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Product creators love features – consumers buy benefits!
How many times have you heard or read an ad that was a list of features? Heaps of times probably, especially in the car industry. You know the stuff… ABS, dual airbags, leading edge technology, multiplex electrics and the like.
So why are benefits better selling points that features?
Benefits tell the potential customer the answer to the question that all consumers want answered – “What’s in it for me?”. So instead of listing features a better advertisement would translate those features into benefits. For example: … comes with the protection of dual air bags and an Anti-lock Braking System (ABS) that improves road holding and steering by regulating the braking pressure to avoid wheel lock.
How to turn a feature into a benefit
The clue was in the last paragraph. We need to answer the question “What’s in it for me?”. So next time you’re trying to work out what benefits your product offers you can use the following formula – this feature means that… = benefit
I’ll give you some examples:
- multiplex electrics means that there are fewer wires and connections so it’s easier to service and maintain
- leading edge technology means the best, most up-to-date, most efficient technology
- 6 bedroom house means this is a family home with plenty of room for all the kids and then some
- dual processor means it will process information faster allowing you to work more efficiently
Do you get the picture?
So next time you hire an ad writer, or write one yourself, make sure talk about benefits not features.
This is a perennial question and one I wrote one of my free articles on. I think it ‘s a message that bears repeating so here goes…
Do “clever” advertisements really sell? Can you remember what the ad was for, or which brand? The answer is often “No!”.
Don’t sacrifice clarity for cleverness
It’s good if an advertisement can make you laugh but that shouldn’t be it’s main purpose. Certainly ads that make people laugh have engaged their audience but if they don’t follow through strongly enough then people don’t remember which brand or, sometimes, even what type of product the ad was selling!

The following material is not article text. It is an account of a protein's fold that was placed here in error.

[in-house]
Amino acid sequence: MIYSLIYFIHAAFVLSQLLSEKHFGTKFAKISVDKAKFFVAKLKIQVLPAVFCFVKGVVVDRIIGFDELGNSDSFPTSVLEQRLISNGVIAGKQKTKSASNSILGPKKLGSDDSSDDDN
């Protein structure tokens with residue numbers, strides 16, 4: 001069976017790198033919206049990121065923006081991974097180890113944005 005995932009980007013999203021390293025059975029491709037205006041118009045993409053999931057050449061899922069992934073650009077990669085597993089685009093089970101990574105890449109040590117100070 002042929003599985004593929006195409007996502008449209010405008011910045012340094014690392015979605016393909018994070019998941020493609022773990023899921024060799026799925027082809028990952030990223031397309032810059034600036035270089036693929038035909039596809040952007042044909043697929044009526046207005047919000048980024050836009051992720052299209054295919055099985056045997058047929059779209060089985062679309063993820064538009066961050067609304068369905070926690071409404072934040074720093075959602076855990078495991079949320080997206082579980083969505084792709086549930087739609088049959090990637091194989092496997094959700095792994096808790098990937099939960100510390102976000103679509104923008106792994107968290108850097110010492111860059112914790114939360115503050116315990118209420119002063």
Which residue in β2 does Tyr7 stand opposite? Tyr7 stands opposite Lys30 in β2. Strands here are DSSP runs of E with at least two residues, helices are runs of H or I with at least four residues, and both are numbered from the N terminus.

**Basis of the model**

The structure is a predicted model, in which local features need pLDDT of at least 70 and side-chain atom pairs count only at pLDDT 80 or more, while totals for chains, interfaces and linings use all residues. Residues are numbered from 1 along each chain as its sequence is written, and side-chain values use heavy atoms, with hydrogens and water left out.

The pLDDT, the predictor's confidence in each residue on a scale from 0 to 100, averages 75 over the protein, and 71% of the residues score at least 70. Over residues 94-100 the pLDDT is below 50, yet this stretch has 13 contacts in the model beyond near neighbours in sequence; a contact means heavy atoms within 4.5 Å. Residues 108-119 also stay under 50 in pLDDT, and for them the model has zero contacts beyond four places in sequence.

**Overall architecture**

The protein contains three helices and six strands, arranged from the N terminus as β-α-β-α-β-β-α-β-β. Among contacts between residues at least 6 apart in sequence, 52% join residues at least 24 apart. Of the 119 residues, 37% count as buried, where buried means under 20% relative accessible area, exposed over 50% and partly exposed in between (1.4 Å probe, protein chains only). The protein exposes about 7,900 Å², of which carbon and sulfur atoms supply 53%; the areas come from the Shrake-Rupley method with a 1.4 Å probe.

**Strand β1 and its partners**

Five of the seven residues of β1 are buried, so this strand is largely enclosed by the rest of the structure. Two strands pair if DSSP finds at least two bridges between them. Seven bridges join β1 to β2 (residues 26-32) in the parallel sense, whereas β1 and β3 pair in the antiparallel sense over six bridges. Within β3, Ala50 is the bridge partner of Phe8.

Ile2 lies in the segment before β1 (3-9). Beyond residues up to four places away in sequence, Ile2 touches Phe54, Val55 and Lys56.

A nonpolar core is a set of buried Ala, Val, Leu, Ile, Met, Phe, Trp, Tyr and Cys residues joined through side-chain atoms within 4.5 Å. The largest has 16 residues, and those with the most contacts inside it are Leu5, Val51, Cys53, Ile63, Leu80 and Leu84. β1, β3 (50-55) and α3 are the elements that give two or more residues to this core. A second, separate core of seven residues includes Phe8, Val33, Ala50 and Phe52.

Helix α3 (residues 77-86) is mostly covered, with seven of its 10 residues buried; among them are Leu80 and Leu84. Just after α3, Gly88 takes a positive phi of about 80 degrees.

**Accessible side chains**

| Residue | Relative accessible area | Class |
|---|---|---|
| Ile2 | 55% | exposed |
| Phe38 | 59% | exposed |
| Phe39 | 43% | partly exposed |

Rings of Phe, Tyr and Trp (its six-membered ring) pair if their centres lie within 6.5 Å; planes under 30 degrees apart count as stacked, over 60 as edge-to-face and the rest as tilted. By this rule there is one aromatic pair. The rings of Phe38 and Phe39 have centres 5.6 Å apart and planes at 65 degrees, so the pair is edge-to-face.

So whether you’re engaging a copywriter or an ad agency, or you’re going to write your ads yourself don’t be tricked into thinking that “clever is best”; it isn’t, “clear is best”.
Cleverness wins awards for agencies
Ad agencies love “clever”, quirky ads because they are good contenders for creative awards but how successfully do they sell? Sometimes, spectacularly well, but many times poorly. Make sure your promotional dollars are targeted at selling your product or service and not at enhancing your agency’s PR efforts.
What makes a successful campaign?
We have more than 20 years experience in the advertising, marketing and PR business and can write clear, attractive copy that will sell your product or service. But if you want to do it yourself then you need some rules to follow:
- Know who your audience is
- Understand what pushes their buttons
- See your product or service through their eyes
- List the features and turn them into benefits (for more on this look out for my next post)
- Write clear copy that catches their interest and explains the benefits
Ads are just one step in the selling process
A successful ad campaign is the result of preparation, research and testing and it doesn’t have to be expensive. Contact The Copywriter Online to discuss your advertising needs or read our article “How to improve your advertising, save money and get better results”.